Wise car buyers, the kind who search for car dealers on DexKnows, put safety at the top of their new car priorities. Modern cars are equipped with a host of devices for protecting occupants: safety belts, air bags, high-strength steel, soft interior surfaces, antilock brakes and even tire pressure monitors to ensure correct inflation, but here are some others you might want to consider.
1. Rearview, or backup, camera
In a report published in 2008, the National Highway Traffic Safety Association (NHTSA) estimated that nearly 300 people are killed each year in backup accidents. Fortunately, growing numbers of new cars come with a rearview camera that lets drivers see if there’s someone behind them when they put the car in reverse.
2. Active head restraints
Head restraints are essential for reducing the whiplash-type neck injuries that can occur in even low-speed rear-end shunts. (To learn more about how these injuries happen, take a look at “Q&A: Neck Injury” on the Insurance Institute for Highway Safety website.) Designs have improved in recent years but still rely on the restraint being set at the right height. Active head restraints provide better protection by moving to catch the head when an accident occurs, thus minimizing movement and injury.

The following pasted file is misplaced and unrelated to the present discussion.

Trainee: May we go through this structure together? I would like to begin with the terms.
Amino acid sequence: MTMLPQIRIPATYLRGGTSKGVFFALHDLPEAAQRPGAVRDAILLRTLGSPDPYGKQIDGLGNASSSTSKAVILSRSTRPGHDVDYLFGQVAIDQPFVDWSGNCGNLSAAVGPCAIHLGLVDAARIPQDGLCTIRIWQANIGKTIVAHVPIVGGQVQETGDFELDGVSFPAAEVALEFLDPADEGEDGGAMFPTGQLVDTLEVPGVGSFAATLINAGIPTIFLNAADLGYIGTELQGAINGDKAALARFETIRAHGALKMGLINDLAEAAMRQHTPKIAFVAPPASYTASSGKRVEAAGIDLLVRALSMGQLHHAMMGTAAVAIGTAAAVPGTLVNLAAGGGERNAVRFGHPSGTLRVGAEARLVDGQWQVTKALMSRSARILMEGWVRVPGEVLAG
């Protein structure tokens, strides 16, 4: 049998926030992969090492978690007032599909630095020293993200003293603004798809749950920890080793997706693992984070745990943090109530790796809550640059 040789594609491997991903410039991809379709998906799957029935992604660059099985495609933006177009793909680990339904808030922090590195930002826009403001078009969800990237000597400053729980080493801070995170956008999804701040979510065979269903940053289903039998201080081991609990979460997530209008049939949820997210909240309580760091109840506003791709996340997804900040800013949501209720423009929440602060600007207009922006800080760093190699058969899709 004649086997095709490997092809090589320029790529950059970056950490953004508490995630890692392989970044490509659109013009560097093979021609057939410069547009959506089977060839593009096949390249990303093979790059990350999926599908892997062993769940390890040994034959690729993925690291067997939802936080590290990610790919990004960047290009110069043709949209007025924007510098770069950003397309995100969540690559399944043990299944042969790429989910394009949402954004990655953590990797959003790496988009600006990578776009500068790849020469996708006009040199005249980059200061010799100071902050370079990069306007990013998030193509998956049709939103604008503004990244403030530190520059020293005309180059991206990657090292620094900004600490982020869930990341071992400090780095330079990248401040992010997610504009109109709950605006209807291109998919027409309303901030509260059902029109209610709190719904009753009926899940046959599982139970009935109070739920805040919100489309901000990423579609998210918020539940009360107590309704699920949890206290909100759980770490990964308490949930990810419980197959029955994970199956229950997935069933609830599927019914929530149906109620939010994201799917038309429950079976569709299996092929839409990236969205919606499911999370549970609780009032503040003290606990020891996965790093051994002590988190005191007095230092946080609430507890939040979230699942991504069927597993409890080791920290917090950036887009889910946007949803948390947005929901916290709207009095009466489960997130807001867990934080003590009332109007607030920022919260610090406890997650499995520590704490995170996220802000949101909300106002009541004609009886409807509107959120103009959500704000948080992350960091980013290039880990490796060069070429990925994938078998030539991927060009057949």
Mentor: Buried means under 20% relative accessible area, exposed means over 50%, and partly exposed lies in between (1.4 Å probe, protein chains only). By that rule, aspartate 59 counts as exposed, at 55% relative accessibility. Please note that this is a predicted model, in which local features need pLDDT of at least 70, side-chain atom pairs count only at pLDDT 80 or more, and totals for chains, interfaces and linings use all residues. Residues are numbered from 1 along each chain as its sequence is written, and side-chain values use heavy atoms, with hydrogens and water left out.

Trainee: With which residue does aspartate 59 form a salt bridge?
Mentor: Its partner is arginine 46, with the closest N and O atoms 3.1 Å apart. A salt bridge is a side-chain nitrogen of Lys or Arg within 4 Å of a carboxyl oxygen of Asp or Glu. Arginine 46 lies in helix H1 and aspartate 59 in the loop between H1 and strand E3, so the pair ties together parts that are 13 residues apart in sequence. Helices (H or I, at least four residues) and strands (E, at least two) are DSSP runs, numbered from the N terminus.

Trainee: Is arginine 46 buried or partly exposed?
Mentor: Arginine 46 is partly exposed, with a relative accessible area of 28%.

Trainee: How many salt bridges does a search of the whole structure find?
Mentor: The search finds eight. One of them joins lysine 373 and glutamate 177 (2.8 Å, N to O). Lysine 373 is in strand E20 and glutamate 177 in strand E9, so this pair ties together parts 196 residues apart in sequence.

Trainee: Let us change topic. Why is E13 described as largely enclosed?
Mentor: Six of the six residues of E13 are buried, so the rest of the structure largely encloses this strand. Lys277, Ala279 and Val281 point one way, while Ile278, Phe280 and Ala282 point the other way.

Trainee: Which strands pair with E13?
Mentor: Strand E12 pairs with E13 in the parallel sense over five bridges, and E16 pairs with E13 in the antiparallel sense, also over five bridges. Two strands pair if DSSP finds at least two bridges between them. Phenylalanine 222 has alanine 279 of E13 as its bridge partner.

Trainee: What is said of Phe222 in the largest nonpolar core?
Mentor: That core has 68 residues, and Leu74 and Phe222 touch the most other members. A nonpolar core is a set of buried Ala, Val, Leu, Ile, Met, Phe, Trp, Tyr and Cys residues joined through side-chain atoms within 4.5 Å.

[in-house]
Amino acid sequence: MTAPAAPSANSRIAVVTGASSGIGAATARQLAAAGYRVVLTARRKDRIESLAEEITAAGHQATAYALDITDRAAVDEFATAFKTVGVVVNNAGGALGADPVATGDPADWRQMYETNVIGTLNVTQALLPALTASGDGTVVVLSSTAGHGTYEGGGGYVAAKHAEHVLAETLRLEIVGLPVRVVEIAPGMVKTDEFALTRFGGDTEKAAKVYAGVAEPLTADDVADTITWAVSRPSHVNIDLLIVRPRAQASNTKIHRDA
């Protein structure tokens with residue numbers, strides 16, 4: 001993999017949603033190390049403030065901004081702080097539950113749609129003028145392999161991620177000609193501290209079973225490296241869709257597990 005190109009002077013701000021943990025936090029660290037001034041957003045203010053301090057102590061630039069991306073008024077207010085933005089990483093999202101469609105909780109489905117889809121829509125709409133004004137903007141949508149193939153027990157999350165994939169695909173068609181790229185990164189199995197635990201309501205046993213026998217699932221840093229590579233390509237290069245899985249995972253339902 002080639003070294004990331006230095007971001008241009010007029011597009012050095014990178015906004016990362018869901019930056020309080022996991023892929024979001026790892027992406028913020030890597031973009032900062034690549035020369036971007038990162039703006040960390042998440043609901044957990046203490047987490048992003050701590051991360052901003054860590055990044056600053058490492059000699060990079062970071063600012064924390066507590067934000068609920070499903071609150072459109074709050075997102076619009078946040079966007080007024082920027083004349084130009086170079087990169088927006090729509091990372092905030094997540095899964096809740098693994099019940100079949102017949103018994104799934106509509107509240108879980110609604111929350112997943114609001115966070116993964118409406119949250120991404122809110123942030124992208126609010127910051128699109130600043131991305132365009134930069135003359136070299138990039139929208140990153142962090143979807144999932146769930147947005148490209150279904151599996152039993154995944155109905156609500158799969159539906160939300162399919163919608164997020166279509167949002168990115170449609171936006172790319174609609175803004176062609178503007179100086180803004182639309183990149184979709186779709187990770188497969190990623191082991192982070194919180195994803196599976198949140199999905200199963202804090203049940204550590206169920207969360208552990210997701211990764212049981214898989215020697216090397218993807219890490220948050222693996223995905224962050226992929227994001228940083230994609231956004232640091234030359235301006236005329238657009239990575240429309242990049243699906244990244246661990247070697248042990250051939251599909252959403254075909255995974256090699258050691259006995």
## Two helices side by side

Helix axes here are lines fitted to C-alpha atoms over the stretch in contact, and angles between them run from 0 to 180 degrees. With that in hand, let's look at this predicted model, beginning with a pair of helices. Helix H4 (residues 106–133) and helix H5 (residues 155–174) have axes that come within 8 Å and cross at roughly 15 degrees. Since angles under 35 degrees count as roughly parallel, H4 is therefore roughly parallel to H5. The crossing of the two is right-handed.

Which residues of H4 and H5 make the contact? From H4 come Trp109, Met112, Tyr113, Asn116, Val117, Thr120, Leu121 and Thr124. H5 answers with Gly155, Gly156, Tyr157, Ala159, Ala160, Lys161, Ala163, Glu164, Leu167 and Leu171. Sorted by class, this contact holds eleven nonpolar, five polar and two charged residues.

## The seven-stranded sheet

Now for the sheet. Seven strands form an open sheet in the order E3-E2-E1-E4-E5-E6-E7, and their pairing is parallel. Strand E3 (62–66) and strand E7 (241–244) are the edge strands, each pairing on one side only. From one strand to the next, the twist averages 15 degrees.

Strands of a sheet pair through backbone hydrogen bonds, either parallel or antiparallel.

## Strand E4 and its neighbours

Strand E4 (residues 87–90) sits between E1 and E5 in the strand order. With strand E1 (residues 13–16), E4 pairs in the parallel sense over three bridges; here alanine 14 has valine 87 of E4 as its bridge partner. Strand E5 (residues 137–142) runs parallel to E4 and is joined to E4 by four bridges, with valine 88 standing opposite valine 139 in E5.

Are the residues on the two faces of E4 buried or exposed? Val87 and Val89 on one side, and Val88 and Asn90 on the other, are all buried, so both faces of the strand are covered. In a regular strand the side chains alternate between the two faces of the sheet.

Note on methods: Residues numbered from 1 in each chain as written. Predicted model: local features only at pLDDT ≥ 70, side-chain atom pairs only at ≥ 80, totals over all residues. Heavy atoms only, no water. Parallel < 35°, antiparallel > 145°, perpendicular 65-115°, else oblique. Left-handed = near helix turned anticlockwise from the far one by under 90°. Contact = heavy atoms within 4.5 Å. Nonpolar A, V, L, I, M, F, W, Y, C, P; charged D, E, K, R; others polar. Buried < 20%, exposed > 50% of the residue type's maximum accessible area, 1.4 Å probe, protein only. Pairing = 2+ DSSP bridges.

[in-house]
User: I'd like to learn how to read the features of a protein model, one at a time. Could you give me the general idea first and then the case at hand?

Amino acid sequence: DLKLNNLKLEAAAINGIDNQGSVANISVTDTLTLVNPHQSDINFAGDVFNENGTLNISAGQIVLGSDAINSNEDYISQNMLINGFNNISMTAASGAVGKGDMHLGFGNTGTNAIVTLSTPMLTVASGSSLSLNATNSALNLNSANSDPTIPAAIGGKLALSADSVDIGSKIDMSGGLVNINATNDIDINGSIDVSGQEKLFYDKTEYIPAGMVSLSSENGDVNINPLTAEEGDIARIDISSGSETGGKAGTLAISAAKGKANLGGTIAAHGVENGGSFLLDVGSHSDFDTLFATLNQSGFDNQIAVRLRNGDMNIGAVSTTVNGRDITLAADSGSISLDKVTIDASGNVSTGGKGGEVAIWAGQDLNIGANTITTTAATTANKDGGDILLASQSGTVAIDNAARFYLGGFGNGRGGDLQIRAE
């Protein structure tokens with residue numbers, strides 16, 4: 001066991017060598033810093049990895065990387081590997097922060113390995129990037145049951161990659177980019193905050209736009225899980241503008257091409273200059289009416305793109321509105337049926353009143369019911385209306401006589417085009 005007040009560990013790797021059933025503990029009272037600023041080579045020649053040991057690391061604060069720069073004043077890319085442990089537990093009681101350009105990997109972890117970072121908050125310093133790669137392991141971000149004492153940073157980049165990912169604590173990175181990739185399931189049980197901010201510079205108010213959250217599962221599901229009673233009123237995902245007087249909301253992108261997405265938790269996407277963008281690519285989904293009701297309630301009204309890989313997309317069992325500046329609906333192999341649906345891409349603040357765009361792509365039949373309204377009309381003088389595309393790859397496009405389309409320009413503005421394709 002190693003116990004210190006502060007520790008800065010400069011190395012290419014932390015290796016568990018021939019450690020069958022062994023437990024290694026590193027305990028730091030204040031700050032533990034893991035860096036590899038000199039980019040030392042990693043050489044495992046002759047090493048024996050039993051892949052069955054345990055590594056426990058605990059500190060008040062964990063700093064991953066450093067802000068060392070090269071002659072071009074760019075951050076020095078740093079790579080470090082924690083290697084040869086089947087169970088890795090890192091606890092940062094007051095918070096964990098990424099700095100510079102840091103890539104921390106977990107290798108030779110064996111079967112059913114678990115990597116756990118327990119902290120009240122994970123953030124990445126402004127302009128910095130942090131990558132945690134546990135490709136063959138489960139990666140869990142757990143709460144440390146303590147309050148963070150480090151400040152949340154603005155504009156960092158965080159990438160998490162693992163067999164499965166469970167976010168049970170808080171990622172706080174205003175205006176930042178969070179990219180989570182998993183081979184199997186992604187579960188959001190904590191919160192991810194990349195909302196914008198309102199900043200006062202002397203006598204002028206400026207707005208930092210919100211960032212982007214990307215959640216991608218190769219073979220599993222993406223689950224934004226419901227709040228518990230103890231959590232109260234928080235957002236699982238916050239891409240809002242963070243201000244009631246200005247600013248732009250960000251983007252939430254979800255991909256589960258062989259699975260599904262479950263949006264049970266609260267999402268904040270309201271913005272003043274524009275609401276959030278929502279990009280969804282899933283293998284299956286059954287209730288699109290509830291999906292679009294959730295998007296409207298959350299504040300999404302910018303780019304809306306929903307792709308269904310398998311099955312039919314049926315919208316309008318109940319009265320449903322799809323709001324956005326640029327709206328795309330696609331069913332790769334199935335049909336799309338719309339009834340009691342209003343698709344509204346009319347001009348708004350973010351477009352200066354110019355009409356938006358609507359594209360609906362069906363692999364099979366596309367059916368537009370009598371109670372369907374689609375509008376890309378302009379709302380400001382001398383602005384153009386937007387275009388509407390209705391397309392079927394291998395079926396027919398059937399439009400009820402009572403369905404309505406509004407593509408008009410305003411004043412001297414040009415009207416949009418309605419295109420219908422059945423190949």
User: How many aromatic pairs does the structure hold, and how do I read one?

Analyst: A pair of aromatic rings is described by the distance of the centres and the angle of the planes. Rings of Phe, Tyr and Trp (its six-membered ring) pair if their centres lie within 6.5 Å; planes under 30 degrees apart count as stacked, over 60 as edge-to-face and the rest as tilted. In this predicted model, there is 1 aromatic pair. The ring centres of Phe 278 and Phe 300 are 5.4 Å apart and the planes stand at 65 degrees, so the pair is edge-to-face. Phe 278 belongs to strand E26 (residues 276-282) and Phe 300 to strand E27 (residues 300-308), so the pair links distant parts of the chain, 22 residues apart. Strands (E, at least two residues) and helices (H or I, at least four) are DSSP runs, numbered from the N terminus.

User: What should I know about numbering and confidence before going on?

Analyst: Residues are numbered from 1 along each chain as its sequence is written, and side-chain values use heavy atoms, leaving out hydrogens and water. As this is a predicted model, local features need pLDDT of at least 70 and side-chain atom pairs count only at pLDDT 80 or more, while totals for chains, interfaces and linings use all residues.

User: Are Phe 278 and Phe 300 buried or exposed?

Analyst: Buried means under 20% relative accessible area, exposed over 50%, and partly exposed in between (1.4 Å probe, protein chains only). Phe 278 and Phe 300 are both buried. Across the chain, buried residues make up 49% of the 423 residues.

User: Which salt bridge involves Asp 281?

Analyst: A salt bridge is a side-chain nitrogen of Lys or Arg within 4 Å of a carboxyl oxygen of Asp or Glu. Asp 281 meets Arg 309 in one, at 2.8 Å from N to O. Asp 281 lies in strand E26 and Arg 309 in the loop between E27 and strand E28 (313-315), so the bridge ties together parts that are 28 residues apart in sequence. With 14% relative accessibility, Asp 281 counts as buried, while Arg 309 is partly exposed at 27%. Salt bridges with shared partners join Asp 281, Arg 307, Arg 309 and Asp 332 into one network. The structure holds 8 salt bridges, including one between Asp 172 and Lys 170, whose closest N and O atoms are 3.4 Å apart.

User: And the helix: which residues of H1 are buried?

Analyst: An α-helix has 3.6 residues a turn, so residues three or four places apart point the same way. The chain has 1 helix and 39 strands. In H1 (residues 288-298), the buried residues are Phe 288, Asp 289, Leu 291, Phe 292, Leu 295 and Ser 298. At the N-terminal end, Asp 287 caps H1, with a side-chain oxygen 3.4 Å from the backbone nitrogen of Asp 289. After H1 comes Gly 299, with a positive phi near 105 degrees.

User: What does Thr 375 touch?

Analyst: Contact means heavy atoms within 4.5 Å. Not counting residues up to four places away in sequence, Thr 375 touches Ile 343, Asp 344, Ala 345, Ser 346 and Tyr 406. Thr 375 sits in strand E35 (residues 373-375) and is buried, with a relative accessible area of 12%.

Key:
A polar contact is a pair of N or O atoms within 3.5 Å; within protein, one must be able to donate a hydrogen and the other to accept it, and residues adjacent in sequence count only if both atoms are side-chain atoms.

3. “Smart” safety belts
There are two safety belt innovations to look for. Pretensioners quickly take up any slack when an accident happens, gripping occupants tight so that they can’t move around and preventing what’s called “submarining,” when the body slips under a loose belt. Second are inflatable safety belts. Somewhat like airbags, these inflate in an accident and spread the load of the belt over a wider area of the chest. Of course, these are only useful if you have the good sense to wear your safety belt!
4. Lane departure warning (LDW) system
This uses one or more cameras to monitor the car’s position on the road. If the car is drifting out of its lane, it will alert the driver by means of a chime or by vibrating the steering wheel or even the seat. Some high-end cars offer “active” LDW, meaning that if the driver doesn’t correct the car’s position, it will do it automatically.
5. Tired-driver detection
In a paper presented at the Society of Automotive Engineers conference in Detroit in 2012, it was estimated that 17 percent of all fatal accidents could be attributed to tired drivers. That’s why companies have been developing technologies that can detect a sleepy driver. Mercedes calls this “Attention Assist” and has made it standard in many of its cars.
Most car buyers put safety at the top of their list of priorities and carmakers keep introducing more innovations to help. If you want to learn more about the latest vehicle-safety technologies, why not head out to your local new car dealers? You can find them on the DexKnows site.